With the new Inventr.io Adventure kit and a couple of other projects coming up, I thought it was time to brush up on some old electronics skills.

Firstly, and most importantly, soldering.

Soldering is the easiest and best way of joining electrical wires and components together with a joint that allows electricity to flow.

I haven’t done any “proper” soldering for many years and technology has progressed with the availability of soldering stations being quite common. I don’t have one, and don’t think I’ll be doing enough to warrant the purchase so I will be sticking with my old school “just plug it into the socket” iron.

Apart from a steady hand and things that need to be soldered, there are 2 other important items. The iron, and some solder. The composition of the solder has changed over the years with safer materials and improvements to how it flows and sets happening all the time. I just picked up a roll of basic solder, but you can purchase many different types depending on your requirements.

The soldering iron in its most basic form is a tip that is heated enough to melt the solder. They can be electric, or sometimes gas powered. Mine simply plugs in and gets hot. The more advanced ones can be set to specific temperatures.

Enough background, on with the project!

Not sure what it is, but it should be joined up!

This was part of the beta adventure kit 2.0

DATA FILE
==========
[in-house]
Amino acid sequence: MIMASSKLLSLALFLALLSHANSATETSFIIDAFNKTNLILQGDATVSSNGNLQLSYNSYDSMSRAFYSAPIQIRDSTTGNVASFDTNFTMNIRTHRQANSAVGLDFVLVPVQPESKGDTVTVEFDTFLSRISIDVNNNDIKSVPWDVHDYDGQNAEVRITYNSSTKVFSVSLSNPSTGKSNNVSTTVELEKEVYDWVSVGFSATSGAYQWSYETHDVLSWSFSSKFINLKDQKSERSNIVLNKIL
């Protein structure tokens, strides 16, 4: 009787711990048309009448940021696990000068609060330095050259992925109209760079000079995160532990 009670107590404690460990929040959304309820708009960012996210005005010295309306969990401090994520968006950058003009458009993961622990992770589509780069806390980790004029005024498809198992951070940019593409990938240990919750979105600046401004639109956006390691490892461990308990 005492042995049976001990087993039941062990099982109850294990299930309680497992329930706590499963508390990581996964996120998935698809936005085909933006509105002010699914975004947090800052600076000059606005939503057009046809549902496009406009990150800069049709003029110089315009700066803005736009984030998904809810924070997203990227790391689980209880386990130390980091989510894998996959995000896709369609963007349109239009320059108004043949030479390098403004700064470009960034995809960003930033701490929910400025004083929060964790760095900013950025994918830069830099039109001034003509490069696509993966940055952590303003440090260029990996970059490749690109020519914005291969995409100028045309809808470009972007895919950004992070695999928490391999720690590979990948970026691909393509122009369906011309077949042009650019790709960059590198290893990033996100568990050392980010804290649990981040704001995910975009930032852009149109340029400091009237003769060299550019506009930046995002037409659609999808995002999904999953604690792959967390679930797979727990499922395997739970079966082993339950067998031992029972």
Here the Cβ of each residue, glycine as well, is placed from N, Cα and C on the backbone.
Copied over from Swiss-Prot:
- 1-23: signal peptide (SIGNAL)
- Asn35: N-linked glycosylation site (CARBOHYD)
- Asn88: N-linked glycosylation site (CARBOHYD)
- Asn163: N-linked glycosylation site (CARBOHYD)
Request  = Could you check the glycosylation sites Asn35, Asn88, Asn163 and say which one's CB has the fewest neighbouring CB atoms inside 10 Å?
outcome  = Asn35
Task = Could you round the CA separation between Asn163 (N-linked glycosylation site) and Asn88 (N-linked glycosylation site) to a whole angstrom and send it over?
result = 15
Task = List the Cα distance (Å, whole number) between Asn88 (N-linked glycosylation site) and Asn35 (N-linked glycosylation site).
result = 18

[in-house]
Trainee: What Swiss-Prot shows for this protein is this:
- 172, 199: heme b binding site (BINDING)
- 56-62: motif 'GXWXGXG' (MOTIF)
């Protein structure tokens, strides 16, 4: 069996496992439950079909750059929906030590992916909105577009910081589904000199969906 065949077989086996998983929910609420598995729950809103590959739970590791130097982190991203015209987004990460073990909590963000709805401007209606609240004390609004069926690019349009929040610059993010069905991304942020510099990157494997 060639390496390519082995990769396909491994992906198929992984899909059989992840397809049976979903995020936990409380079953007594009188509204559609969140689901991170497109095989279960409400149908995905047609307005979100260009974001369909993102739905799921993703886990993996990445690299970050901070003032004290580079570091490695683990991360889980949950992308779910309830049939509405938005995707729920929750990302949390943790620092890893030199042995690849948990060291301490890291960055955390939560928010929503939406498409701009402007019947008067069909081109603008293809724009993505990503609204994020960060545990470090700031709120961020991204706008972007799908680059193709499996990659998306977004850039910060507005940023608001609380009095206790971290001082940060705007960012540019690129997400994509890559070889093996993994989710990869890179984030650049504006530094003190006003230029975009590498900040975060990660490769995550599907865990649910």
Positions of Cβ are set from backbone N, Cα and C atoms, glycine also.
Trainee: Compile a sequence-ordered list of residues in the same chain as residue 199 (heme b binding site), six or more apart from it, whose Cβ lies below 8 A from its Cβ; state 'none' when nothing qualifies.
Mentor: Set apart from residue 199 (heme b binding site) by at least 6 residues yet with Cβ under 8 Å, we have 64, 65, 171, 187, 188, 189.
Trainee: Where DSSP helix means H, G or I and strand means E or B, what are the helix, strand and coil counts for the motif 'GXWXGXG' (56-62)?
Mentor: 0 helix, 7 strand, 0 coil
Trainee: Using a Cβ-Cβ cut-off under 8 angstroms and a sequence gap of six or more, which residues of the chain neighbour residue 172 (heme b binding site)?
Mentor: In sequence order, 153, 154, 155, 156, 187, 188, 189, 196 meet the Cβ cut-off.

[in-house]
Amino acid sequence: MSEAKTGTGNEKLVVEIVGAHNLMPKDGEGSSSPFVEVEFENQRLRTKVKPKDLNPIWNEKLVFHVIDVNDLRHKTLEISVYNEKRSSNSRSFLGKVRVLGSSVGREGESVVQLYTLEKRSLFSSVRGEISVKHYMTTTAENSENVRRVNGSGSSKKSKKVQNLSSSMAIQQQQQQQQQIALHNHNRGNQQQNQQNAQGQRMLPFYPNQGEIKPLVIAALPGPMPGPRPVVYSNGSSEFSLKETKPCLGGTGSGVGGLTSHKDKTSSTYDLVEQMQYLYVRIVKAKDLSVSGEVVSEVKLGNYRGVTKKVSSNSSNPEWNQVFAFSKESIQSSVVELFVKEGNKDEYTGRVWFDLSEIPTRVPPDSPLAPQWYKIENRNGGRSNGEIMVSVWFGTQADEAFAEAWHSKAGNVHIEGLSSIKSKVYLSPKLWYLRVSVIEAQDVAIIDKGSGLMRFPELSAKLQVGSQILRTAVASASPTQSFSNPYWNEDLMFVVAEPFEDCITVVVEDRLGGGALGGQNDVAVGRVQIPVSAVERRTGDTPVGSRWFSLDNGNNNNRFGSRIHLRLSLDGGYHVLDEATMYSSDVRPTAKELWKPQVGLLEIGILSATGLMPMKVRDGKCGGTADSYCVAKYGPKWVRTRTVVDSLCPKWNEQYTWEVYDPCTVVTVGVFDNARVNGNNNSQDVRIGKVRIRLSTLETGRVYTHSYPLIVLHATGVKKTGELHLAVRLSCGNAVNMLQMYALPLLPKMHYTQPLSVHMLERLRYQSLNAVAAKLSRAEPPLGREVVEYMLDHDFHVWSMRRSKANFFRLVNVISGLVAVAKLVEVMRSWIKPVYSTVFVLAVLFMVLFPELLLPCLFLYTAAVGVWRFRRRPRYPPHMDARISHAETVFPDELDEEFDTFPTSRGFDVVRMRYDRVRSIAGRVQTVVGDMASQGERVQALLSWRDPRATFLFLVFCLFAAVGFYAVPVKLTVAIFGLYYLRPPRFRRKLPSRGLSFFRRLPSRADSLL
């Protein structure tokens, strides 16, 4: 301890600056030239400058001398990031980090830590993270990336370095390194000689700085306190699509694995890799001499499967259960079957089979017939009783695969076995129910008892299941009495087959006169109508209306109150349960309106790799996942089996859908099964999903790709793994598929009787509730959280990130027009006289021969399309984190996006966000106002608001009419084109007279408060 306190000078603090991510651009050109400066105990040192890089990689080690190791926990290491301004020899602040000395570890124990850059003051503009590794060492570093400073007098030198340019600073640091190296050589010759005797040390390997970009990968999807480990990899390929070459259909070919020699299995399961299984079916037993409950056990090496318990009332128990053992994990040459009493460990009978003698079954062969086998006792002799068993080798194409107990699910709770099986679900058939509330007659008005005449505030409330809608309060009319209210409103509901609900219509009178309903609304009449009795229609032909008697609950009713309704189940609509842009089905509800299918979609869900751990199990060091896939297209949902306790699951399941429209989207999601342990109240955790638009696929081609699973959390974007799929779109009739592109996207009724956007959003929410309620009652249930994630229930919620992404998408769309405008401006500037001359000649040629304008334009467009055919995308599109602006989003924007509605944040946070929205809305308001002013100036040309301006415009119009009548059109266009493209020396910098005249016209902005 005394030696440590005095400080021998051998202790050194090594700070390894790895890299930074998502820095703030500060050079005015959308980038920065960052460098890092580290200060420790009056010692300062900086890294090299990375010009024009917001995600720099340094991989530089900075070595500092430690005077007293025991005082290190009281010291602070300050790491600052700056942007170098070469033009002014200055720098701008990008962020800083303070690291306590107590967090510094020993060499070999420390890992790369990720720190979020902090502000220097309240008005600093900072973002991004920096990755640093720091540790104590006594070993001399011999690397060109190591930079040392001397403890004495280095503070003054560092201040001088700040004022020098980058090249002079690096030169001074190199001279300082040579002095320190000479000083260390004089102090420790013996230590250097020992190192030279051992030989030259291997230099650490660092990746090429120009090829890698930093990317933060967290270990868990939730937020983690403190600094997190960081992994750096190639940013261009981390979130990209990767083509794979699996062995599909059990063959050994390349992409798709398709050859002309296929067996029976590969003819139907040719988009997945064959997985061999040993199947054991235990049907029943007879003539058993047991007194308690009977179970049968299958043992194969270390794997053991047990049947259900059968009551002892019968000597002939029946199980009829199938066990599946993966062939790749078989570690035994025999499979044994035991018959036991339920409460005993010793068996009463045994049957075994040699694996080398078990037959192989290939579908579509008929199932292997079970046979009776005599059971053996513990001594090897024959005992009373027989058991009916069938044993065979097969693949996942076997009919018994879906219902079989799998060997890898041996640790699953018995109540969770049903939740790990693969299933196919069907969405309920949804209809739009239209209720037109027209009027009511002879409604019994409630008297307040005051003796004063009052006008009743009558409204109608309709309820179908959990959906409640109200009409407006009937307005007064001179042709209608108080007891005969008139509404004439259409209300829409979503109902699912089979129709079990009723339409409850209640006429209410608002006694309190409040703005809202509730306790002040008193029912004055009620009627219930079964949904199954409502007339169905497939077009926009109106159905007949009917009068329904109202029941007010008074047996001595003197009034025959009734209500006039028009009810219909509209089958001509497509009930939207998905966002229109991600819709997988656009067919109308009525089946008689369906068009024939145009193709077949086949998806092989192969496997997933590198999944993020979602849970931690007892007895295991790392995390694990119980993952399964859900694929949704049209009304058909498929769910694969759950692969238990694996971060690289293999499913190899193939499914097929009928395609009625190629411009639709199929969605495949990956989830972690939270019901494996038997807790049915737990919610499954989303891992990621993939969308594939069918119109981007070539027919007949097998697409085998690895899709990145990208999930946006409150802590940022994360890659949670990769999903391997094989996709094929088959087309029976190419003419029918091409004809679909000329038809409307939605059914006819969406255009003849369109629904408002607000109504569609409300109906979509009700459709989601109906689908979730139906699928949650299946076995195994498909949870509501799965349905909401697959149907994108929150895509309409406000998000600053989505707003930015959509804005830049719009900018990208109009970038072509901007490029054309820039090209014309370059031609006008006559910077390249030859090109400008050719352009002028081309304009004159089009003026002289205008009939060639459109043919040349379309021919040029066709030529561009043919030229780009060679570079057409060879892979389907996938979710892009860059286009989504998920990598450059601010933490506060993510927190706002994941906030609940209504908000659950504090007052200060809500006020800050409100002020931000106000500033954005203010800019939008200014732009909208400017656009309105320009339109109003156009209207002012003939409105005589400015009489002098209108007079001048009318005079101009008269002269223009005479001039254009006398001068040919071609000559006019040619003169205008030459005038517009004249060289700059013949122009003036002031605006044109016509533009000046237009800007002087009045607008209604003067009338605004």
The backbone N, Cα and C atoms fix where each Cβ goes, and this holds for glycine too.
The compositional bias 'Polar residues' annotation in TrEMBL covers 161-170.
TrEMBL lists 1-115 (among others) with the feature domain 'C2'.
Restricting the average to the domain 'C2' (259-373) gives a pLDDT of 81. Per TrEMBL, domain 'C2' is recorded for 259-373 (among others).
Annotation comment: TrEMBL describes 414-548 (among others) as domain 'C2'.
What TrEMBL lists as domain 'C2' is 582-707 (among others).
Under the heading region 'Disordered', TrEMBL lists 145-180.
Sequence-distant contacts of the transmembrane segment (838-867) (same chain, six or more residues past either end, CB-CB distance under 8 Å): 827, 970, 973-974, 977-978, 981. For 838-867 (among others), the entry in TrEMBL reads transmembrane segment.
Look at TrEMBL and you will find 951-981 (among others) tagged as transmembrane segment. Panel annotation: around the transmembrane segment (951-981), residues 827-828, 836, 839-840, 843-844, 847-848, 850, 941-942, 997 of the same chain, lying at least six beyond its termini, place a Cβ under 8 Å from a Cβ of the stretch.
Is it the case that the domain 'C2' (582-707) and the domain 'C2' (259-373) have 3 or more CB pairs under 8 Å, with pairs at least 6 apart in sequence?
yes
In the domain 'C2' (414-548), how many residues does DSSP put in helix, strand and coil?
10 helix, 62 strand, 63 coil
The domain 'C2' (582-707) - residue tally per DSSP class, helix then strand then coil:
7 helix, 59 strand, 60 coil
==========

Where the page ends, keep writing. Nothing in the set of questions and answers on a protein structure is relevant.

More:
In the release version of the kit it will be soldered, but I thought I’d use it as a test practice piece.

Holding it in place on a breadboard I then added heat with the soldering iron, then touched the solder to the pin allowing some to melt.

Almost done!

Repeating the other side, it all seems to have worked!

A good indication of a successful joint is if the solder remains shiny. If it’s a full finish, you can always go back and heat it again.

I’m happy that my skills don’t seem to have faded over the decades since I used them! It may not be perfect, but it’s a good start back into the world!

2 comments on “Soldering on!

  1. Great work and description! Always remember – “The bigger the blob, the better the job” is not good advice for soldering.

    1. Or for most things!
      I wasn’t sure the title would work across the pond, what with you lot saying it wrong. 😉

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